Le travail de traduction

Sooo many issues when working with documents from previous centuries. The biggest issue is if the writing is legible, strongly influenced by the condition of the document, the author’s skill and clarity, the quality of the ink, and the technique used to digitize the document.

Scaled example of a 1950s microfilmed page in a book
Digitization of a microfilm…

If you can read it well enough to transcribe it the task is greatly simplified. Then all you need to do is figure out the language and exact dialect and context

Today I have spent four hours transcribing and translating a single document, a marriage record from 1876. Really, that is not so long ago! This should be easy!

The original image is digitized from a microfilm from the 1950s. Any time you are working from a copy of a copy… well, let’s just say errors will probably creep in. This particular example has been heavily filtered, digitally, to improve its readability. ‘Cleaning up’ digitized images can really improve them for a specific purpose but in the process you permanently alter the image, quite probably damaging its ability to do other things – like being used to show the differences if the image is rescanned at a later date.

But, as I said, this should be reasonably readable, so then I needed to transcribe the text. Transcribing, though, is inextricably linked to translation because if you do not know how a word should be spelt you will have great difficulty guessing what word the author might have been attempting to write.

Go back to that first image at the top, the first three words are “Le vingt août“. Seeing the definite article Le followed by a number is a very good clue that you are looking at a date, and the third word should be a month, but the fading of the ink has made the circumflex almost just a dot, and the lighter joins in the script are pretty hard to pick up. At first glance it looks like “acict” to me. There are two months of the year in the modern Gregorian calendar which start with ‘a’, so it likely has to be avril or août, so I can quickly guess this month.

But this is where context comes into play. Because my document is from 1876 I can rule out Old Style Gregorian[en.wp] and Julian calendar months, because they were not in use anywhere French was spoken by that time. (Important side note: many genealogy softwares use proleptic calendaring for dates before the adoption of the of the Gregorian Calendar.) Moreover, because the location was Canada I can generally assume the French Republican Calendar is not in use, because Canada was ceded to the United Kingdoms prior to the French Republic. But one might find the occasional “aoust” because early immigrants spoke a continuum of Old French and Middle French, and were insulated from the evolution of modern French by distance.

Sometimes you can guess the meaning of a blob, or a sentence, by knowing what type of event document you are working and what the usual way of recording that kind of event. For a wedding in the Roman Catholic church there were certain variables recorded, a template followed, and many of the phrases are the same from one parish to another. But not always, like in the one below – someone was filling in for the Curé, and tried to explain that.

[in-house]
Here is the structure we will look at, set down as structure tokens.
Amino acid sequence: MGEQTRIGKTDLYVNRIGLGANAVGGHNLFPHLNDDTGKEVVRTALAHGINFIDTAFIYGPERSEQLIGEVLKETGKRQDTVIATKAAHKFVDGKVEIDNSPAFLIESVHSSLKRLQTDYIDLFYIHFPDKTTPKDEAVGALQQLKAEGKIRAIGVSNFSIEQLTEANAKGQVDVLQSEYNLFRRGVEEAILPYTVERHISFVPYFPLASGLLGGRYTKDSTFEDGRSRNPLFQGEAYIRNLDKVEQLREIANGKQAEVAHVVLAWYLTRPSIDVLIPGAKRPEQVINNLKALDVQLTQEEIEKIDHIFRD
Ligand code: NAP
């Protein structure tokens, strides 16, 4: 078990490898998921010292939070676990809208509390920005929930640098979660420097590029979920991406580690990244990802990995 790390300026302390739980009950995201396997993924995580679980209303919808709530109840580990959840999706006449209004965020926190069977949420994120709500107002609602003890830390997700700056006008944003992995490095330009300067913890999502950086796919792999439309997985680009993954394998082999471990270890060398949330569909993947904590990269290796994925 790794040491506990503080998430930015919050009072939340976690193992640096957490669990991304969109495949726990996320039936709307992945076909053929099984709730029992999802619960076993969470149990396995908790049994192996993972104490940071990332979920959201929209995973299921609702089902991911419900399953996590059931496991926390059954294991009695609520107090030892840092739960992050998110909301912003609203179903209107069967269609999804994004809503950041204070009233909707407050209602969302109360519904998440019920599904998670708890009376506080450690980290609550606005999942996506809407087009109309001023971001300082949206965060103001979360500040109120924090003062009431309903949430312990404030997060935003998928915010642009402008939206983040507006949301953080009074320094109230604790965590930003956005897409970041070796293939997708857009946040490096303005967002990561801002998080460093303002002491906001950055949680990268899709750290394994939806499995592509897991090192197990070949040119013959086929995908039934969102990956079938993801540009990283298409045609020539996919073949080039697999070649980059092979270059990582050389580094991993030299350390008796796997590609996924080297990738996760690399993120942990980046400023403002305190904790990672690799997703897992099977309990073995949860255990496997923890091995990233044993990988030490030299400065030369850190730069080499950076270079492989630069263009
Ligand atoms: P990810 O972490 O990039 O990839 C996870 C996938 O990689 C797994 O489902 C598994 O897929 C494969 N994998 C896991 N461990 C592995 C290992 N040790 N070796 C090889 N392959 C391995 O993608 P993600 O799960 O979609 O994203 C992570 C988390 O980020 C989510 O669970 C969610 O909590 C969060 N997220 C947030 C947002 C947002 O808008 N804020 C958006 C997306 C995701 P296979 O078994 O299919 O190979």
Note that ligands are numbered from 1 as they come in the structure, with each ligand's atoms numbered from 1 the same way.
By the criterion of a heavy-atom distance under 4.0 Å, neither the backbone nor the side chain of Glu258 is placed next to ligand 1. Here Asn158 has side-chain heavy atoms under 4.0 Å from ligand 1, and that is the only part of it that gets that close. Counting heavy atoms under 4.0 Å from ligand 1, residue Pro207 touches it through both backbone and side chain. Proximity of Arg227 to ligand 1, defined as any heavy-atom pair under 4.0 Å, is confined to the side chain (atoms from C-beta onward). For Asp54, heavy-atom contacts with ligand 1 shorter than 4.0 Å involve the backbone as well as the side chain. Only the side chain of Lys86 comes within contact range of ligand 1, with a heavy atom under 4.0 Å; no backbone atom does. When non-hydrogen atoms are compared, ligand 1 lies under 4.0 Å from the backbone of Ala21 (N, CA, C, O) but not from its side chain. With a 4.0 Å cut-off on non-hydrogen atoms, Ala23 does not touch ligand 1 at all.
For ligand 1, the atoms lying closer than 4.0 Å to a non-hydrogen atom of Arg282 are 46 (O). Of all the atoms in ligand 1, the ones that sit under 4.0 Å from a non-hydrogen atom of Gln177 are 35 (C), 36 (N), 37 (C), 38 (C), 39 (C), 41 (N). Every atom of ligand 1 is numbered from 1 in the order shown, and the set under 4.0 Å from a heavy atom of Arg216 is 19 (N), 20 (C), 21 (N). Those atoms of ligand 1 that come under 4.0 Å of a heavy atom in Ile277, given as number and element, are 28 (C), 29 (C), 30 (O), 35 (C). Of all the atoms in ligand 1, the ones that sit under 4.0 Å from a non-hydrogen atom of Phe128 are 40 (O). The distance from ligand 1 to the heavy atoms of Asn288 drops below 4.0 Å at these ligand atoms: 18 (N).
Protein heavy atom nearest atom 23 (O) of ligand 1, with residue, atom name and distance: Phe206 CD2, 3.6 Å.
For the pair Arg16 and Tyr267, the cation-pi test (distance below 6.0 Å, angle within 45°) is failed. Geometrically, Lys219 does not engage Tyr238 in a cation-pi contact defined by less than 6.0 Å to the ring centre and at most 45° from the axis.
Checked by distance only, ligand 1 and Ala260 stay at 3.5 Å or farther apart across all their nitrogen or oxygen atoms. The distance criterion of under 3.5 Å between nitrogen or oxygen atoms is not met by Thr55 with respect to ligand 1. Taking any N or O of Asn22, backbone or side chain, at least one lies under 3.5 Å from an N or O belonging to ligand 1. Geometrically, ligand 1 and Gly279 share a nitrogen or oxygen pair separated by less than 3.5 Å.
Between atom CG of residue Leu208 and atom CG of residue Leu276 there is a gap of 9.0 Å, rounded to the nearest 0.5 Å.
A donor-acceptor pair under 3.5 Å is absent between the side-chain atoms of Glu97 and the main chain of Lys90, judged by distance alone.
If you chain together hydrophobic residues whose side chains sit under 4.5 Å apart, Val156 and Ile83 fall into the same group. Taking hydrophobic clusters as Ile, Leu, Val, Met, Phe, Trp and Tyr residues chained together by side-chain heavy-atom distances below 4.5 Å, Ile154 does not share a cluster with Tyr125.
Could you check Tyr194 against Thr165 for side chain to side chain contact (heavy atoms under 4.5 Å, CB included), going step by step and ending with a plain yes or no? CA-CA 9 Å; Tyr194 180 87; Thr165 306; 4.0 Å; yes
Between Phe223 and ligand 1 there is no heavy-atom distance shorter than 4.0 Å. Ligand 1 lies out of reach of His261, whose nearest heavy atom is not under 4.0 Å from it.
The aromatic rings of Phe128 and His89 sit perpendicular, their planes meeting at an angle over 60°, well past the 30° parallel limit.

So here is the text I transcribed, and its translation, and a copy of the scanned page:

Le quinze Aout, mil huit cent soixante seize
aprés la publication d’un ban faite au prône
de la messe paroissiale la dispence des [something]
tres ayant été accordé par ma pére Hypalite [something]
reçu vicaire Général et Monsigneur Ignace Bourget
Evêque de Montréal, en deta du onze causant[on?]
entre Henri Cartier, cultivateur fils majeur de Regis
Cartier cultivateur, et de Marceline Dupuis, de cette
paroisse, d’une part et Angèle Quenneville, fille
majeure de Bénonie Quenneville, cultivateur et
de feme Marguerite Saucier, de cette paroisse, d’au
tre part, ne s’etant découverent aucun empêchment
et du consentement des parents, nous pritre
soussigné vicaire de Saint ??lycorpe ??éligent
ad hoc por ma pére Joseph Jannin Arsene Provost
curé de Saint Aniset, nous reçu leur mutual
consentement et leurs donné la bene
diction nuptiale en presénce de
Regis Cartier, pére de l’epous, de Beno
nie Quenneville, pére de l’epouse, de
Joseph Cartier frêre de l’epous et
d’Anne Quenneville qui ont signé
ave les epouse. Regis Cartier, pére de
l’epous et Bénonie Quenneville
pére de l’epouse ont declaré ne sa
voir signer
[H Cartier] [J Cartier] [A Provost Ptre]
[A Quenneville] [A Quenneville]
The fifteenth of August, 1876, after the publication of a ban made during parish mass the dispensation of [something] having been granted by my Father Hypalite [something] Vicar General and Monsignor Ignace Bourget Bishop of Montréal, [untranslated] between Henri Cartier, farmer and eldest son of Regis Cartier, farmer, and of Marceline Dupuis, of this parish, on the first part, and Angel Quenneville, oldest daughter of Bénonie Quenneville, farmer, and of his wife Marguerite Saucier, of this parish, on the other part, not discovering any impediment and with consent of the parent, our priest the undersigned vicar of Saint ??lycorpe – covering the duties for my Father Joseph Jannin Arsene Provost curé of Saint Aniset, we recieved their mutual consent and gave them the nuptial benediction in the presence of Regis Cartier, father of the groom, of Bénonie Quenneville, father of the bride, of Joseph Cartier brother of the groom and of Anne Quenneville who has signed with the bride. Regis Cartier, father of the groom, and Bénonie Quenneville, father of the bride, have declared they do not know to sign.